Bake for 15 minutes in a preheated 350 degree F oven until cheese melts. Garnish with cilantro, scallion, sour cream and chopped tomatoes before serving. Serve with Spanish rice and beans.

   

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11 Responses to “Chicken Enchiladas”

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    1
    Peggy — April 7, 2011 at 2:07 pm

    This looks outstanding! For some reason, long ingredient lists don't bother me… they actually intrigue me! =)

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    2
    TAMMY — April 7, 2011 at 2:42 pm

    Sounds good! Can't wait to try it! : )

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    3
    Lauren — April 7, 2011 at 3:36 pm

    If I could choose only 1 regional cuisine to make & eat for the rest of my life, it would undoubtedly be Mexican. Although I've never been south of the border, I did live in Houston for 1 1/2 years, where my appreciation for Mexican-inspired fare really grew. Not surprisingly, Boston doesn't have the best Mexican food, so I often make it at home. These enchiladas sound great, and I'm sure both my husband and I will love them!

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    4
    Tessa — April 7, 2011 at 6:21 pm

    I am from the Midwest, and the difference in the heat down here is amazing. It's nice when 90 degrees doesn't whack you in the face when you walk outside (although I'm sure the hotter temps still will!). These enchiladas look great! I love Mexican-themed foods!

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    5
    Tracey — April 7, 2011 at 9:42 pm

    I love Mexican food, and it's only recently that I made enchiladas for the first time. I can't believe I was missing out for so long! Yours look delicious :)

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    Foodiebia — April 7, 2011 at 10:19 pm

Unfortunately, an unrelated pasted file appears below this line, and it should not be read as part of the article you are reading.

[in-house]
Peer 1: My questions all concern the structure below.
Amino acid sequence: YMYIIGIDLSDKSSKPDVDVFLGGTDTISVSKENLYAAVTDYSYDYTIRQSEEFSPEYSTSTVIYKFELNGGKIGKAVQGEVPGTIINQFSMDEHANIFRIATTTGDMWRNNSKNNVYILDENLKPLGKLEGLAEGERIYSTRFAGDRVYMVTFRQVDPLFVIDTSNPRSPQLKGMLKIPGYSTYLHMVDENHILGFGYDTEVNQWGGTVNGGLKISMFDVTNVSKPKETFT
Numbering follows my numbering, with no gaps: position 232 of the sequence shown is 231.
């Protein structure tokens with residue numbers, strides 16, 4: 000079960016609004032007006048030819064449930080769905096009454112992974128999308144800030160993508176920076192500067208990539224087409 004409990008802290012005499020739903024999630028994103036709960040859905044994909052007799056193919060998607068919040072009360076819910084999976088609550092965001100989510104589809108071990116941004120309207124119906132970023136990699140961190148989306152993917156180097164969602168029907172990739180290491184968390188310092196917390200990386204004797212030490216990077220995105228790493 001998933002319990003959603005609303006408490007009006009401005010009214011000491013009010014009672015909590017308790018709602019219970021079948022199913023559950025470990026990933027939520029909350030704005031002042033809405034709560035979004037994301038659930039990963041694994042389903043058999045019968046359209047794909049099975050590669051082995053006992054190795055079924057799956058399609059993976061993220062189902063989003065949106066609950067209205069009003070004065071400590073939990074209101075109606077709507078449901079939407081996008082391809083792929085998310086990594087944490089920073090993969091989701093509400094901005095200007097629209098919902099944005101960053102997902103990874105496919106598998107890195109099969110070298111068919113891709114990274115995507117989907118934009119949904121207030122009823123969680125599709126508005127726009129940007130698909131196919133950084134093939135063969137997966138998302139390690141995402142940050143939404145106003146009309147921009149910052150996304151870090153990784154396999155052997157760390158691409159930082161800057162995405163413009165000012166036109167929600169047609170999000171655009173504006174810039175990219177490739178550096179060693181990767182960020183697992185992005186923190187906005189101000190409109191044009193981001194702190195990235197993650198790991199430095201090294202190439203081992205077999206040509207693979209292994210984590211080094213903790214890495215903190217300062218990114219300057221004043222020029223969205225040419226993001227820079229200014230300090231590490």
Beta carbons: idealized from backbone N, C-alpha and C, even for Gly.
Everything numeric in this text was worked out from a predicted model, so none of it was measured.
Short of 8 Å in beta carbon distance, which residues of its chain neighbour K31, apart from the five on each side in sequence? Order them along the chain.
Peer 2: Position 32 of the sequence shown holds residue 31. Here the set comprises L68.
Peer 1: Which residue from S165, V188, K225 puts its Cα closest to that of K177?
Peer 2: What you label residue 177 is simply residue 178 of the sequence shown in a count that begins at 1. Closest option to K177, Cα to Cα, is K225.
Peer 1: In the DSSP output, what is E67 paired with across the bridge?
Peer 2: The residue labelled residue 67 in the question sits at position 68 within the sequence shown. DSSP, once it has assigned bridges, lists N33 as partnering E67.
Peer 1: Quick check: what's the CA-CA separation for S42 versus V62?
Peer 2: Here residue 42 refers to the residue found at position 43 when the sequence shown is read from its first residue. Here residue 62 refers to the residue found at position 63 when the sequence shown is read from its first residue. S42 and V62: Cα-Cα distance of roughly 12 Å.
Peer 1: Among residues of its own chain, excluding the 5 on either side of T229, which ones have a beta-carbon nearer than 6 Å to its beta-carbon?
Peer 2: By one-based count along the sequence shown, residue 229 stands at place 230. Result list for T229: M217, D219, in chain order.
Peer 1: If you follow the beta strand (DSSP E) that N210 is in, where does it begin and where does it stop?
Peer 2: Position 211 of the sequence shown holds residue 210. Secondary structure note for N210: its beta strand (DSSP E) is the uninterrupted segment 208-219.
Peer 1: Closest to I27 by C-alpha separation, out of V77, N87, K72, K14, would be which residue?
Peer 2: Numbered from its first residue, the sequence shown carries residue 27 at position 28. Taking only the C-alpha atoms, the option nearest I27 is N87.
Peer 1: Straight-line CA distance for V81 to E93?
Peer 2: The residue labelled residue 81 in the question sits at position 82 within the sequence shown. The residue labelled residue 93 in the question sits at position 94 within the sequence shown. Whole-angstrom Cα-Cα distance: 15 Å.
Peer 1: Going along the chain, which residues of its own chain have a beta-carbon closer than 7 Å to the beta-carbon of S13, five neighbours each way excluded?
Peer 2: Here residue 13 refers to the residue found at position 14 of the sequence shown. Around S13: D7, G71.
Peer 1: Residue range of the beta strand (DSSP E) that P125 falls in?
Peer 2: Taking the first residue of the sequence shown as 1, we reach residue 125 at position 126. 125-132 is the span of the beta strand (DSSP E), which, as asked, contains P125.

This recipe looks delish. You should make your own enchilada sauce sometime. Simply Recipes has some good ones, as does Homemade Texan. The canned stuff is obviously easier, but the fresh is unbelievably good.

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    7
    Holden — April 7, 2011 at 10:19 pm

    I LOVE mexican food, I seriously cant get enough of it. I love enchiladas too and my mom makes a killer enchalada casserole Holden@ SUGARbijoux

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    Maris — April 7, 2011 at 11:07 pm

    I love Mexican food and your dish looks a s good as any I have had in any restaurant

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    Mike — April 8, 2011 at 3:54 pm

    I just made enchiladas last night! They are one of my favorites. I made a butternut squash enchilada sauce to go over them. These look delicious! I wish it was lunchtime…

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    Jenn — April 10, 2011 at 10:22 pm

    I am so happy to find a chicken enchilada recipe that does not include cream of chicken soup! This sounds delicious and I think I might have to try it this week even though I already went to the store. I would make a special trip just for these! By the way, I love your photo.

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    Rickie Perini — April 25, 2013 at 9:28 pm

    Enchiladas originated in Mexico, where the practice of rolling tortillas around other food dates back at least to Mayan times.The people living in the lake region of the Valley of Mexico traditionally ate corn tortillas folded or rolled around small fish.,,

    Till next time